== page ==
This past Sunday, April 22, the nation celebrated a day dedicated to the environment. However, the support for this recent Earth Day event has changed dramatically since that first celebration in 1970. The original Earth Day was truly a bipartisan celebration and a commitment by both Democrats and Republicans to protect the environment.
Today, the environment and the agency that was established in 1970 to protect the environment are under assault by the Trump Administration. Trump’s Environmental Protection Agency (EPA) administrator, Scott Pruitt is quickly dismantling much of the work that has been accomplished by the EPA over the last 48 years. The most concerning change since the first Earth Day event is the turning of environment protection into a politically divisive wedge issue.
The original 1970 Earth Day celebration was chaired by a liberal Democrat, Senator Gaylord Nelson of Wisconsin, and conservative Republican Congressman, Pete McClosky of California. It was President Richard Nixon, another conservative Republican, that put forth a thirty-seven-point plan to solve a variety of urgent environmental emergencies.
The EPA was established by Congress and it was signed into law by President Richard Nixon in December, 1970. Nixon made it very clear in his State of the Union message that protecting the environment shouldn’t be treated as a partisan political issue.
“Restoring nature to its natural state is a cause beyond party and beyond factions. It has become a common cause of all the people of this country. It is a cause of particular concern to young Americans, because they more than we will reap the grim consequences of our failure to act on programs which are needed now if we are to prevent disaster later. Clean air, clean water, open spaces-these should once again be the birthright of every American. If we act now, they can be,” Nixon proclaimed.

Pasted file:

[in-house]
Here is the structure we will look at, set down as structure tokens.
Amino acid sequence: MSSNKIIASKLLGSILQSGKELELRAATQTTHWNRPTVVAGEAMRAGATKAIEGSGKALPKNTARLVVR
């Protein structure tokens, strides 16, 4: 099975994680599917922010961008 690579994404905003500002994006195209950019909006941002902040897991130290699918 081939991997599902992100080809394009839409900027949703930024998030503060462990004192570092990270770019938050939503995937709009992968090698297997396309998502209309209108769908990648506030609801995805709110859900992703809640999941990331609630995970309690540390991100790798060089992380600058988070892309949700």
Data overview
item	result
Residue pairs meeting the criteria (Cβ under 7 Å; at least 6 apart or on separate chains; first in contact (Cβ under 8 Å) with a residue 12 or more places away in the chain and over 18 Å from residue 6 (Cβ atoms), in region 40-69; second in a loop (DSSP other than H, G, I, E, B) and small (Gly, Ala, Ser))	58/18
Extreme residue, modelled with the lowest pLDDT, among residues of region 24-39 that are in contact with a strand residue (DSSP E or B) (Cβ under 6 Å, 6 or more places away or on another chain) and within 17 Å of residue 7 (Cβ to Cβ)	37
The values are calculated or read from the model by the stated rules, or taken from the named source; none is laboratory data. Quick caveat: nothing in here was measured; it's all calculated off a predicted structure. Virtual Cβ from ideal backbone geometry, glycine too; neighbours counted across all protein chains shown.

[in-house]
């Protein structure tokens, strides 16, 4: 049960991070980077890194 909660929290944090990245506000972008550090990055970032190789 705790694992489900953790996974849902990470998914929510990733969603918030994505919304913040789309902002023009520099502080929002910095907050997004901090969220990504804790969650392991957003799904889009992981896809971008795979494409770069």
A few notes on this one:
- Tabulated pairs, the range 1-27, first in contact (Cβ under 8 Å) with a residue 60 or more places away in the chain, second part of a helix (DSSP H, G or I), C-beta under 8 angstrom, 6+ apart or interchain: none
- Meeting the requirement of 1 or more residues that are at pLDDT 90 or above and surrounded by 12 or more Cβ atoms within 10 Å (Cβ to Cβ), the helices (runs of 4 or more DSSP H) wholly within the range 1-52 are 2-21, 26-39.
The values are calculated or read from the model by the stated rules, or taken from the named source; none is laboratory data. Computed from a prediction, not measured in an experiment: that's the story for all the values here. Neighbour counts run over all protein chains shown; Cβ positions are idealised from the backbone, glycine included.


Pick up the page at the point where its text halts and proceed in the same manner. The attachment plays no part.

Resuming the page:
Looking back to the establishment of the first Earth Day, we may be better able to chart a path to future environmental initiatives. There were several key events in the 1960s that ignited the publics’ interest in the environmental movement that led to the first Earth Day.
Rachel Carson’s 1962 book, Silent Spring led to the link between the use of the pesticide DDT and declining bird populations, most notably Bald Eagles. There were less than 500 pairs of Bald Eagles left in the lower 48 states in 1970 and they were on a path toward extinction. Spotting Bald Eagles in Iowa in 1970 was a rare event. Thanks to the bipartisan commitment made in the 1970’s there are now over 69,000 eagles in the lower 48 states and Iowa has nearly 200 pairs.
In 1969, there was a massive 3-million-gallon oil spill in Santa Barbara, California that fouled beaches and aroused opposition to coastal drilling and ocean crude oil transport. The Santa Barbara oil spill, the largest ever in history at the time, provided a major boost to coastline protection efforts.
The other major environmental catastrophe in 1969 was the burning of the Cuyahoga river. The river running through Cleveland was so polluted with chemicals and oil that it burst into flames. That served as pivotal environmental catastrophe that fostered a commitment to clean up America’s waterways. The river has been restored to a remarkably cleaner condition thanks to the 1970 initiatives.
Today, America faces other environmental challenges, just as it did in 1970. The threat of climate change is the greatest environmental challenge the world has ever faced. In the 1970s, Democrats and Republicans joined in finding solutions and implementing change. They didn’t make excuses about burdensome regulations or complain that we couldn’t afford to protect our environment. Today we must recall President Nixon’s call to action in 1970.
“America pays its debt to the past by reclaiming the purity of its air, its waters, and our living environment. It is,” Nixon said, “literally now or never.
by Rick Smith